Catastrophe struck Novak

Come 2010, Novak Djokovic was about to enter the zenith of his tennis career. He had comfortably placed third on the ATP tour rankings for a time longer than he would have wanted to, but enjoyed the privilege of being a member of the “Big Four”. To the untrained tennis eye, Djokovic would appear as a deep baseliner who would wait for a faux pas on his opponent’s game and just keep putting the ball in. He is a defensive player, but knew when to step on the gas pedal. Critics generally asserted that Djokovic had a suffocating style of play, waiting meticulously for his opponent to make a mistake. This was true to a large extent until he decided to rework his game slightly. He had always shown the potential to be the crème de la crème, but fell short to his slightly better opponents.

Dr Ivo, who joined him for a brief period in between, worked with Djokovic and found the mysterious link to his game. It worked tremendously as he led Serbia to its first ever Davis Cup title in 2010. With minor adjustments to his game and on court movement, he was ready to make a giant leap. His game was being characterised by shots that started to have more sting, a perfectly elastic body movement that would run down almost any ball, a more improved fore court play, and an aggressive return of serves. All these meant a fully loaded arsenal, enough to make him a complete player, if he wasn’t one already. He was a human wall, a ping pong serving machine that would punch back balls into the court with ease and elegance. His on court presence was a delight to the eyes. Djokovic’s exciting style of never-say-die defence and crisp free swinging offense earned him a lot of Grand Slam titles. By the end of 2015, he had 9 Grand Slam titles to his name and the “only” player to hold all four slams at once. He was inarguably the G.O.A.T, except that he wasn’t crowned the G.O.A.T.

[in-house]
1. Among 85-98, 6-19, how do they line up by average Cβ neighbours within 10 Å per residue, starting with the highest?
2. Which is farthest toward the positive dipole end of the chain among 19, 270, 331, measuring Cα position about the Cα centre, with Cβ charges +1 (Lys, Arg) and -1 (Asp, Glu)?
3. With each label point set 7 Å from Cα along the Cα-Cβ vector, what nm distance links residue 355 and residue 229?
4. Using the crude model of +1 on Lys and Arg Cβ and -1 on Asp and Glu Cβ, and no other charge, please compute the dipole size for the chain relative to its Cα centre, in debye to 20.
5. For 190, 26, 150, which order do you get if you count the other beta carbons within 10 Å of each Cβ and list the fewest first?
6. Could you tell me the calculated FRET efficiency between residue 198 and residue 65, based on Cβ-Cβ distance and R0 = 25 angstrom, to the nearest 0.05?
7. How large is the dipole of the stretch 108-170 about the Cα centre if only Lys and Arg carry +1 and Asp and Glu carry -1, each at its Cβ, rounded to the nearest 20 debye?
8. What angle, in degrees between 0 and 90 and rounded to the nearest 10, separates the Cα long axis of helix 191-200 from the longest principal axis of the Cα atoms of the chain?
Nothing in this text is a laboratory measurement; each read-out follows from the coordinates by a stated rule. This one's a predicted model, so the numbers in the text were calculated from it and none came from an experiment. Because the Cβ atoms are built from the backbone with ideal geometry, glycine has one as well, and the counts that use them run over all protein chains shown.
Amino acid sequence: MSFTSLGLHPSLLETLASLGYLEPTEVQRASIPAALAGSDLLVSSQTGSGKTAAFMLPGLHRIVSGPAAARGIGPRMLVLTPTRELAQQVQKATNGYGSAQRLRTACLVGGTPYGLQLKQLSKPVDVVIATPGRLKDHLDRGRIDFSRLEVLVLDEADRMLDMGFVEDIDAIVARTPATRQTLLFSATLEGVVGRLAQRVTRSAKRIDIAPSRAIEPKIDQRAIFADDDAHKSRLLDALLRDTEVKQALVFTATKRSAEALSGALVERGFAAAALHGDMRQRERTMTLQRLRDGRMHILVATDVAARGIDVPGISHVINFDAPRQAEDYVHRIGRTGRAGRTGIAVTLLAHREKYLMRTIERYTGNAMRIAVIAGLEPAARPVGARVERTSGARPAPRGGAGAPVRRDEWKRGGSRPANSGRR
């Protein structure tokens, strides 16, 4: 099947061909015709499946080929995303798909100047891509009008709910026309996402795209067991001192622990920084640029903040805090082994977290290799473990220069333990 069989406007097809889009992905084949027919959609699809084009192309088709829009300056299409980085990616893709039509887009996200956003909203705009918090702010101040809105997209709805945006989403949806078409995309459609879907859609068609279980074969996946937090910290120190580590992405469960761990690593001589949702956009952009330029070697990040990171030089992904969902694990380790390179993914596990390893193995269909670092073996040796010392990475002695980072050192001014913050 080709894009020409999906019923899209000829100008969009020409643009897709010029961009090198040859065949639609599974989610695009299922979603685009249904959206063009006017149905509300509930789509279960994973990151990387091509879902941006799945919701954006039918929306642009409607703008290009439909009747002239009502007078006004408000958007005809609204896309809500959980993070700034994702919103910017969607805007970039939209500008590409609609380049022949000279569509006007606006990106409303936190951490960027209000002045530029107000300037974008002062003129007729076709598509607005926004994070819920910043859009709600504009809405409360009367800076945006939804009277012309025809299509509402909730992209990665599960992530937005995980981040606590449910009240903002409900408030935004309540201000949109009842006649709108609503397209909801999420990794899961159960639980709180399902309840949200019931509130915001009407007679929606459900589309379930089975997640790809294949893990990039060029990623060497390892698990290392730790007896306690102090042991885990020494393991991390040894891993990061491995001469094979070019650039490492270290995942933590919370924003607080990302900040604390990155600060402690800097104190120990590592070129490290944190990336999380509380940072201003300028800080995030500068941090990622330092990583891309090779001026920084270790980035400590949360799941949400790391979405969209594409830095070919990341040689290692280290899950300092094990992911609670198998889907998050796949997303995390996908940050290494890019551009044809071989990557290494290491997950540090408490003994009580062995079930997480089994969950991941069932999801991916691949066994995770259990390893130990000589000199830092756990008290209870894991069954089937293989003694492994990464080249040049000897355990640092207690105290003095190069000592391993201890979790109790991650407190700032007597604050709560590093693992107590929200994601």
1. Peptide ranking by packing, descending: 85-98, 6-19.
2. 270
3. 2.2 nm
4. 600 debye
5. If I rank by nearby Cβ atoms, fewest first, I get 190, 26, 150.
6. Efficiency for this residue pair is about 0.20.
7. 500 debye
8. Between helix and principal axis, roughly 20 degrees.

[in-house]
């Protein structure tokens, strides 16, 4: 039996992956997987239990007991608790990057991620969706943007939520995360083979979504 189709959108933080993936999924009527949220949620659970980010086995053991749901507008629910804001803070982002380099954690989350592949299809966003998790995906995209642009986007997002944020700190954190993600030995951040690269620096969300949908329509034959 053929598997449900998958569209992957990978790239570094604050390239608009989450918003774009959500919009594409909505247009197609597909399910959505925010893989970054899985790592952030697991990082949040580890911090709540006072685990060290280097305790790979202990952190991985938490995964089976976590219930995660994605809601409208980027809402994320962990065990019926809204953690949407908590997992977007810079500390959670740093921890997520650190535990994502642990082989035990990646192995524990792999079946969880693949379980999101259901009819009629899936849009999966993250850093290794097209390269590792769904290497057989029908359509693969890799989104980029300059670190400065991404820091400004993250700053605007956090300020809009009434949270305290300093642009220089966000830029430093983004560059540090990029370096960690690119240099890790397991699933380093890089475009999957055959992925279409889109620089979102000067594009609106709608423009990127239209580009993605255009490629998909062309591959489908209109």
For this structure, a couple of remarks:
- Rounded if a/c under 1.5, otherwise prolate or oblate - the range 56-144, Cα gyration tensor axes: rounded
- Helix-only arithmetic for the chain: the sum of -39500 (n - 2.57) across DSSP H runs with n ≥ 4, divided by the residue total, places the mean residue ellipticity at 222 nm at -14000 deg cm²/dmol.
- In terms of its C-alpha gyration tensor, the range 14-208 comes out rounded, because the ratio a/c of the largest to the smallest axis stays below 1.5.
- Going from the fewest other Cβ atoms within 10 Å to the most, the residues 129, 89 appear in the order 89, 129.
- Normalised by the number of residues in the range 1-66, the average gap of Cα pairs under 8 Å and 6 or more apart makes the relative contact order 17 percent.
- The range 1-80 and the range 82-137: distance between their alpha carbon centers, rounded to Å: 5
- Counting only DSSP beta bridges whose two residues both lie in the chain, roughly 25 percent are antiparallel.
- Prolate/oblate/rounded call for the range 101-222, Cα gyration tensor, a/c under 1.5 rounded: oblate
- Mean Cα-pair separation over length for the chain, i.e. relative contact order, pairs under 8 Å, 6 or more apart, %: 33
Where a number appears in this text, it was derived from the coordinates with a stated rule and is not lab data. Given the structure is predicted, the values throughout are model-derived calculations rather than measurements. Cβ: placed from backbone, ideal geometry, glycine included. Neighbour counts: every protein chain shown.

The year 2016 also started positively with him clinching both the Australian Open and the French Open. The downward spiral in his tennis career began with him losing in the fourth round of Wimbledon. He did manage to recover as he raked up a few more titles post this. An elbow surgery in mid-2017 dealt the most severe blow to his career. It made him increasingly conscious of his right arm which saw marked changes in his service action and restricted elbow movements. A repeated series of sacking and replacing coaches didn’t help his cause either. We were looking at a different player altogether who started looking for excuses, an increased urge to finish points quickly and an increased on-court frustration to unforced errors; we were clearly seeing a lack of that intense concentration and temperament that trademarked his gameplay.

This is the Djokovic we see today, plagued by inconsistency and shattering all hopes of his fans every time he shows promise of returning to his pristine best. He is giving it all he can at the moment. It doesn’t look like a flowery path to the top at the moment, but wouldn’t we all love to see a rise to the top by the stalwart again?

 

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Seshasayi Rangaraj

A really passionate writer who prefers expressing emotions through writing than speech.

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